Time to put on your business face
A sports watch belongs in the boardroom about as much as a suit belongs at the beach.
A sports watch belongs in the boardroom about as much as a suit belongs at the beach. A Submariner may be lovely and all, but it’s no better a match for sleek pinstripe double-breasted tailoring than a pair of sneakers. True sophistication in the corporate environment is best expressed by an elegant timepiece on a (preferably reptile) leather strap, such as those on our list of current favourites.
The new Drive de Cartier Extra-Flat won plaudits from watch aficionados and the ‘lifestyle’ set alike when it was presented at the SIHH fair in January. The geeks focused on the manual-wound, ultra-thin manufacture movement, while the fashion crowd was wowed by a level of handsomeness not seen since Derek Zoolander first busted out Blue Steel.
There are no such proletarian metals here, though; the Drive Extra-Flat, which is limited to 200 pieces and priced around $22,000, is available only in rose- or white-gold 39mm cases. With its super-slim, cushion-shaped profile snuggling unobtrusively beneath a French cuff and its classic Roman numeric dial dispensing with a seconds hand (and looking all the more elegant for it, particularly in the white-gold/black alligator strap configuration), this is pretty close to the Platonic ideal of what a professional workday watch should be. (The Drive Moon Phases edition is also well worthy of consideration – a whisker less thin and minimal than the Extra-Flat, but no less suit-appropriate.)
Indeed, 39mm is the size that very few suitable-with-suiting timepieces will much exceed. Jaeger-LeCoultre’s retro mid-century-styled Master Control Geographic meets this requirement, and also those of the wearer whose occupation demands that he keep pace with more than one time zone. And isn’t that just about all of us, these days? In a stainless-steel case on navy alligator strap (playing off the neat blue dial detailing), the dual-time Master Geographic features a world timer-esque city disc that allows easy setting and resetting of the second time zone as the need arises. Great looking, highly functional, with all the in-house horological excellence you’d expect of Jaeger-LeCoultre, it’s also amazing value at just over $12,000.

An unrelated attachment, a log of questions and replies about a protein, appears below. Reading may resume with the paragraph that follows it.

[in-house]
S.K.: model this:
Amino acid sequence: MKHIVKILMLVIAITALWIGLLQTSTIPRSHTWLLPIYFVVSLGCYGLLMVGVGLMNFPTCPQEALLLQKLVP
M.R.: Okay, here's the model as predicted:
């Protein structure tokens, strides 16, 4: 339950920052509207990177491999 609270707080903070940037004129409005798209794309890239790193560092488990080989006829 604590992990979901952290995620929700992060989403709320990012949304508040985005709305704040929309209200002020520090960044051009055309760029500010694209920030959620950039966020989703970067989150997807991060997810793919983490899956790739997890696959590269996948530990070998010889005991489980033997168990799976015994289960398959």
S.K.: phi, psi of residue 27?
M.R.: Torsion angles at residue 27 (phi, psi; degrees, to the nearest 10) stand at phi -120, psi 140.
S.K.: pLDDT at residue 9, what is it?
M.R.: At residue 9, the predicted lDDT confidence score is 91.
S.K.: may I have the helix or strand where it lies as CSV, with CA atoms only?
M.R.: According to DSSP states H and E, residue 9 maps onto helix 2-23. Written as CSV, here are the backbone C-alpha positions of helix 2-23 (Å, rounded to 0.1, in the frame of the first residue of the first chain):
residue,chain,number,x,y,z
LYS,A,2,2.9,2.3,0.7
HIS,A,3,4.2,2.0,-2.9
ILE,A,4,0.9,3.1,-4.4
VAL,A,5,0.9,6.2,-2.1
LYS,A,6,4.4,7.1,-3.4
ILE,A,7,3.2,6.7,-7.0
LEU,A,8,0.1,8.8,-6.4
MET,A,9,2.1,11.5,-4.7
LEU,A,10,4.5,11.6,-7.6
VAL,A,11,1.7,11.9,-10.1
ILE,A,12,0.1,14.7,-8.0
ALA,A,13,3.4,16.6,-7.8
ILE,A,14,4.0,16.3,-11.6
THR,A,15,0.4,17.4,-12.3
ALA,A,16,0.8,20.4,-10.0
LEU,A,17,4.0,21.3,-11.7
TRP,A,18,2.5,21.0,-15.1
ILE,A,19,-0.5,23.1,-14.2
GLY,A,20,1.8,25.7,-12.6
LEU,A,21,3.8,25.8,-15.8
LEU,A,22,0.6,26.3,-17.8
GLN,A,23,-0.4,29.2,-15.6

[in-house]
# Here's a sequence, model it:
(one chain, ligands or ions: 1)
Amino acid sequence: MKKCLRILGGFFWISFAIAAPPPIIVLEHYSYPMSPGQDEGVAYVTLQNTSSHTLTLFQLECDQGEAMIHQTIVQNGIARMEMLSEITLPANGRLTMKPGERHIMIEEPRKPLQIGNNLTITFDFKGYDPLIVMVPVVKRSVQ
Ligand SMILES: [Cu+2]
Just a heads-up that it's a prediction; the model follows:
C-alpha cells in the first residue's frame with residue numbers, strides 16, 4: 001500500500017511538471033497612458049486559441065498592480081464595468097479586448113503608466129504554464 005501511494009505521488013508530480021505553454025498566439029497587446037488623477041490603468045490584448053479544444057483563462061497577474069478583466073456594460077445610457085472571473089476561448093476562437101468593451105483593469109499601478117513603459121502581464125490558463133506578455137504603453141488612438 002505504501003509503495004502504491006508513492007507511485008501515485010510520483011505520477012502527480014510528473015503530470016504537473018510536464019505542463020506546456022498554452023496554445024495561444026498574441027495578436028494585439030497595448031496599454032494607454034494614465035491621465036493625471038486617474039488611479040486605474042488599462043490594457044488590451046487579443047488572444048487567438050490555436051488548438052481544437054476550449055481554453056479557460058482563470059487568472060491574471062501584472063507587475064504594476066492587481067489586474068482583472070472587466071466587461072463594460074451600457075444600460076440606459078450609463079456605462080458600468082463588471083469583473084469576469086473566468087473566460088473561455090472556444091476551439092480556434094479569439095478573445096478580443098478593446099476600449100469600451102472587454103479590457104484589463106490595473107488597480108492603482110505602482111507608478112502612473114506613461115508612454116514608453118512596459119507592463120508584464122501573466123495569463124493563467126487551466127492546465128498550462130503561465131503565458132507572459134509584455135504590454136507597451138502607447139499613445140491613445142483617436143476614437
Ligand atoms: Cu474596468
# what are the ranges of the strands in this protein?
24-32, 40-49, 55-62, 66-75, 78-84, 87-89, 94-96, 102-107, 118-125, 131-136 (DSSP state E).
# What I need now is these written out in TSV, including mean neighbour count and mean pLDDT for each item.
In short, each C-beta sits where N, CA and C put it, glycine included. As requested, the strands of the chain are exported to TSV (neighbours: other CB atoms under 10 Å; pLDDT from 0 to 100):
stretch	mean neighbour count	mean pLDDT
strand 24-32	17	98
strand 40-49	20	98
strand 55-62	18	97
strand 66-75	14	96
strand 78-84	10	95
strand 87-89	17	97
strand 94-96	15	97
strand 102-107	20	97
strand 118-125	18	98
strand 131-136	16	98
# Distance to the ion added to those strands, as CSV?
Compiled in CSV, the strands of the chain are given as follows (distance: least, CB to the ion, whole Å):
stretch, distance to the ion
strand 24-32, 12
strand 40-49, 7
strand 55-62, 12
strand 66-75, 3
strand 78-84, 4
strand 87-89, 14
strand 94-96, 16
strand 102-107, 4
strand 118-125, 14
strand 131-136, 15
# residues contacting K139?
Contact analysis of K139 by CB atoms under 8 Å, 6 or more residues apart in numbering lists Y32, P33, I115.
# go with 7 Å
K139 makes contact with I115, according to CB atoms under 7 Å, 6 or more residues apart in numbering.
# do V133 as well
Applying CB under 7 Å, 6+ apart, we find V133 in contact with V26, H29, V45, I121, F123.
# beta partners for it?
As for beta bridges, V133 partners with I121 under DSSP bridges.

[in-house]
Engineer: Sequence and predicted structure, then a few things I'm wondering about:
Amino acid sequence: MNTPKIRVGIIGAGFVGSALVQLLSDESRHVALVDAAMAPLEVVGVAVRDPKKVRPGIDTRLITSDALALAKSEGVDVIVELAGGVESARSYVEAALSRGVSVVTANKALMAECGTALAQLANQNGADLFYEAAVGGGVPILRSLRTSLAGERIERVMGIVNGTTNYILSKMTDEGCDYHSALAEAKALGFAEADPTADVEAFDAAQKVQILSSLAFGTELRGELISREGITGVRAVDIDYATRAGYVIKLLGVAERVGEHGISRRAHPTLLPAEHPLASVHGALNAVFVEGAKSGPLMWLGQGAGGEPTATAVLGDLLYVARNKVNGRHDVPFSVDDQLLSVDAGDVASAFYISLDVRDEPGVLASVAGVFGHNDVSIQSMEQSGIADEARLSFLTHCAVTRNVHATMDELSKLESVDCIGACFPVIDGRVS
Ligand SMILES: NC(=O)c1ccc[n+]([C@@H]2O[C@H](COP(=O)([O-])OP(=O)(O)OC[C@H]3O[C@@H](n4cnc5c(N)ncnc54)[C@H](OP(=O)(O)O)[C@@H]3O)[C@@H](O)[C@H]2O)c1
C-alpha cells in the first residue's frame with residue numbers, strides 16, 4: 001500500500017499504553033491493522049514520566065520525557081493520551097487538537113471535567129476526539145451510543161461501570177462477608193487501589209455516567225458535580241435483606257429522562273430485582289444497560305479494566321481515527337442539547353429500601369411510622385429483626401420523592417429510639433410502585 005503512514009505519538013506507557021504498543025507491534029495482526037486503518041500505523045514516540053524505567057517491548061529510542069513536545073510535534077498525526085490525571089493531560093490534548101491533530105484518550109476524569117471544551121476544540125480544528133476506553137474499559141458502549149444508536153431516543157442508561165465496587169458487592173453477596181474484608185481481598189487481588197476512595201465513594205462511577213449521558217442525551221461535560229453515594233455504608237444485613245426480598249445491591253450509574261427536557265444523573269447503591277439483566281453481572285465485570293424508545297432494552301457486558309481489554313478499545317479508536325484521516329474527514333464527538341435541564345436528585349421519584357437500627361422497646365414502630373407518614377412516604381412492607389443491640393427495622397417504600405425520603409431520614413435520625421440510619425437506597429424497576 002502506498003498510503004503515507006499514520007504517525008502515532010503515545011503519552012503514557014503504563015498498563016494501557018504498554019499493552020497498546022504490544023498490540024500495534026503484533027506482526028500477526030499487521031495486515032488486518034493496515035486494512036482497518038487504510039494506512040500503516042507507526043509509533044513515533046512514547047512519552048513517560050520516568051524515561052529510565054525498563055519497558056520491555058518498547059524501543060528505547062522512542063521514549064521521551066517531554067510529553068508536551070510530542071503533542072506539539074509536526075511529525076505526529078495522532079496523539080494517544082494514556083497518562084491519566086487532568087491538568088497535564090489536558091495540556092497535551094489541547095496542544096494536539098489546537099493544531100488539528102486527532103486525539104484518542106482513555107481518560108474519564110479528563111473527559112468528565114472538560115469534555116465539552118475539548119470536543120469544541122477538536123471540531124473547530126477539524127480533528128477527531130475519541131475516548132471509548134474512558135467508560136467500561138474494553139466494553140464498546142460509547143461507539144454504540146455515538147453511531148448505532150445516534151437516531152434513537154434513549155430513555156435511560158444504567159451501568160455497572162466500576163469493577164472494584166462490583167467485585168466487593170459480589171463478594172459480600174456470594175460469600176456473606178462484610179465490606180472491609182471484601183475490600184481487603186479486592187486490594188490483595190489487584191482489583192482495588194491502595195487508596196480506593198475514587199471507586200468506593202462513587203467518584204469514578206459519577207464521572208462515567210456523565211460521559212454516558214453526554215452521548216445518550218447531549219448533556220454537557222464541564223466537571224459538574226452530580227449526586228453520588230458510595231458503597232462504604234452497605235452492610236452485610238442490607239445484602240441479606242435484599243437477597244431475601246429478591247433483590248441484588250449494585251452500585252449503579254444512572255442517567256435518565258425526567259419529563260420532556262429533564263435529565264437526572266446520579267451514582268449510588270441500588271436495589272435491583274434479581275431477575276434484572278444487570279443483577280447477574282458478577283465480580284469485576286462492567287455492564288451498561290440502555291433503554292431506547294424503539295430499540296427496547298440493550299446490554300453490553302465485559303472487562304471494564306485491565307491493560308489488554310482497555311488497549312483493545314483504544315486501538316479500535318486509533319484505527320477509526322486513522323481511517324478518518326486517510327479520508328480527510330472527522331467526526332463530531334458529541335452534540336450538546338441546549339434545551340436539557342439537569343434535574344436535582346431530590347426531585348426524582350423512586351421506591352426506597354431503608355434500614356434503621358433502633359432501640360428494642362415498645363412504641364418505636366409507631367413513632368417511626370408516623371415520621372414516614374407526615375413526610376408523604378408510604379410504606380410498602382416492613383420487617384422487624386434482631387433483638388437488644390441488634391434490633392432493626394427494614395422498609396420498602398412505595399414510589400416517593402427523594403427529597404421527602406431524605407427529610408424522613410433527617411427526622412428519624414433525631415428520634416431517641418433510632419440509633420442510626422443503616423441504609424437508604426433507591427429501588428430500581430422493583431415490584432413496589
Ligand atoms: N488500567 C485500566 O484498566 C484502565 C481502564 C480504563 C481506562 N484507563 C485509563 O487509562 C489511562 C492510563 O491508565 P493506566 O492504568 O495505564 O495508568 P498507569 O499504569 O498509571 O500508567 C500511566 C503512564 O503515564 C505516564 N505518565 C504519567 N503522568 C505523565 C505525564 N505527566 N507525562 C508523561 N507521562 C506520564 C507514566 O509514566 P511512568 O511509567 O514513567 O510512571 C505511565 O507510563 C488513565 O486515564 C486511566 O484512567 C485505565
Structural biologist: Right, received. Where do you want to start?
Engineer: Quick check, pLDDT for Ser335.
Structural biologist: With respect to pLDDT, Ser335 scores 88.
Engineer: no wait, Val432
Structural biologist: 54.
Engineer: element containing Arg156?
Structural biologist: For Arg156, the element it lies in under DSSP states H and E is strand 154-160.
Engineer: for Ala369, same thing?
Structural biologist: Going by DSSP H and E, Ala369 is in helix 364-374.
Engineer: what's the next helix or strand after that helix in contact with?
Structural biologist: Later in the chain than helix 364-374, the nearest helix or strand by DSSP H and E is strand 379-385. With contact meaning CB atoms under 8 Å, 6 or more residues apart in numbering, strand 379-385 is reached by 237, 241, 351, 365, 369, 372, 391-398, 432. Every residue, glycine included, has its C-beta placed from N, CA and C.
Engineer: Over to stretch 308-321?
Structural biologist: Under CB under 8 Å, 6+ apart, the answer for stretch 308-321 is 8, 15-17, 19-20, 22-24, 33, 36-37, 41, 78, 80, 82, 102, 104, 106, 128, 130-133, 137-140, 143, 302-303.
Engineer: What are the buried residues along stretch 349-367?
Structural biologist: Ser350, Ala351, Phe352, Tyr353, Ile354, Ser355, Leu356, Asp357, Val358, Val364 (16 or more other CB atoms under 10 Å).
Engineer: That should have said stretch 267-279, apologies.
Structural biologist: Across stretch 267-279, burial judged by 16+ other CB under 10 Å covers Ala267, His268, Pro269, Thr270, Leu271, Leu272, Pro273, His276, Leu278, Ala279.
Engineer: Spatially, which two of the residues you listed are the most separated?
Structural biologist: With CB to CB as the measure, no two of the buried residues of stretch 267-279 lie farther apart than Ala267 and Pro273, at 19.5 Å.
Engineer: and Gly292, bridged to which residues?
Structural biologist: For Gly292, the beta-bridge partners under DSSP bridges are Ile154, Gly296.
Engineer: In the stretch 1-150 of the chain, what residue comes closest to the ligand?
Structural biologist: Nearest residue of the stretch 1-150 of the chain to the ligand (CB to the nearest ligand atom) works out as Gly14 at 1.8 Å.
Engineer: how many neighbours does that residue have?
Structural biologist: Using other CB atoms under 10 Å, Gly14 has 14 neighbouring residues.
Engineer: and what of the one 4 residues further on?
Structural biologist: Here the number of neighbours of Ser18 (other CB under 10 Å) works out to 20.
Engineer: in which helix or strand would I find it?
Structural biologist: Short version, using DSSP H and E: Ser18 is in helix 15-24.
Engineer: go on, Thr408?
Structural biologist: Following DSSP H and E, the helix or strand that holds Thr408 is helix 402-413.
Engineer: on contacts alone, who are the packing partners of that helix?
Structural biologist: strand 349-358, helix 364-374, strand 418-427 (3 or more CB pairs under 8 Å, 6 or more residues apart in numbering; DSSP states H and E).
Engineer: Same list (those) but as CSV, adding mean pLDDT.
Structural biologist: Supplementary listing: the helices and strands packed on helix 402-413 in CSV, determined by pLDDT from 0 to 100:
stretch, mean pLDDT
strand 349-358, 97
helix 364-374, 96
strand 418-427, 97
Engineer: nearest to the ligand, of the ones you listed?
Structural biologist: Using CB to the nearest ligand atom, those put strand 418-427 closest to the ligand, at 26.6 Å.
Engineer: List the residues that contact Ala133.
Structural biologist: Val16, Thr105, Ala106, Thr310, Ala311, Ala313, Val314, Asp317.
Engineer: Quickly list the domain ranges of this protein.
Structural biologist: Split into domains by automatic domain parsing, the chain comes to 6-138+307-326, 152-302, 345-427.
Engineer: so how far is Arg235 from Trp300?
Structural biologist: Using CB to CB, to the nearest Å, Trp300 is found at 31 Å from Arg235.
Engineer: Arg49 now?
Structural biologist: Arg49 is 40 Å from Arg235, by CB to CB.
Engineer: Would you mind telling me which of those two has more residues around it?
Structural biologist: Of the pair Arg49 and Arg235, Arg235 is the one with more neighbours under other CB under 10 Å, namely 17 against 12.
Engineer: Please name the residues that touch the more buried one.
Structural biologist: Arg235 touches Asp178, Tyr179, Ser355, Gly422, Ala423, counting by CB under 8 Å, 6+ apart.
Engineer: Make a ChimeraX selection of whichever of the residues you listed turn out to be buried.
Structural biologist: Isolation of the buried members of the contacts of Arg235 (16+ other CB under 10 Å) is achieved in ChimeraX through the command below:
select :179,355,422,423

Those seeking something unfussy, classic without being anachronistic, will find plenty to appeal in haute-horologist Laurent Ferrier’s latest, the curvaceous Montre Ecole, inspired by early pocketwatch-based wristwatches. Yours in a choice of steel, rose-gold and platinum (the latter crafted at request – with prices upon application).
The Warren Buffett-inspired conservative type with an eye for large and long-term investments (both in the course of his work, and in his choice of timepieces) will find it hard to resist placing a buy order for a new favourite from the world’s oldest watchmaker, Vacheron Constantin: the Patrimony Perpetual Calendar, in an 18k rose-gold case with opaline slate-grey dial. It’s priced close to the $100,000 mark.
Holding the title of thinnest tourbillon timepiece on the market for several years now, its movement a miniscule 1.95mm thick – and laid bare in a new, skeletonised edition revealed at the 2017 Basel fair – Bulgari’s magnificent Octo Finissimo Tourbillon is as lithe and lovely as Kate Moss at her mid-’90s, waif-chic peak. With its broad, butch alligator strap and not insubstantial 40mm platinum case, however, it’s anything but dainty. It also struts an assertive price, roughly on a par with a Porsche 911 Carrera’s.
Timekeeping elegance incarnate, the automatic, COSC-certified Toric Chronométre from Parmigiani Fleurier is available in white- and rose-gold iterations, with a choice of cream grained or black opaline dials in each metal, on alligator straps from the leathergoods gods at Hermès. The Toric was the first watch designed by Michel Parmigiani when he founded his eponymous house in 1996, and it’s no less winsome in this gently updated form 21 years later.
You simply can’t go past a Patek Philippe, and the clean, clear classicism of the manual-wound, yellow-gold Calatrava ref. 5119J-001, in the recently resurgent smaller case size of 36mm, sets the right no-nonsense tone for the boardroom. We’ll wager that you will be unable to resist constantly glancing at its beautiful white-lacquered dial with svelte Roman numerals, thereby giving the impression of impatience, which should keep any meeting moving along briskly. Such an increase in efficiency and productivity comes at a cost, in the vicinity of $23,000.
Finally, though we may have suggested that Submariners are to be eschewed in the corporate environment, ‘wearing the crown’ can still be relied upon to make a solid boardroom statement. From Rolex’s ultra-elegant Cellini series, consider the dual-time model in 39mm white-gold case with silver guilloché dial, its sword-like hands a nod to the line’s namesake – the archetypal Renaissance man Benvenuto Cellini, the rakish 16th-century Florentine goldsmith, sculptor, musician, artist, lover and notoriously lethal dueller. Let those timekeeping blades serve as a constant reminder to be en garde during your business dealings, and maintain – like Cellini himself – that killer edge.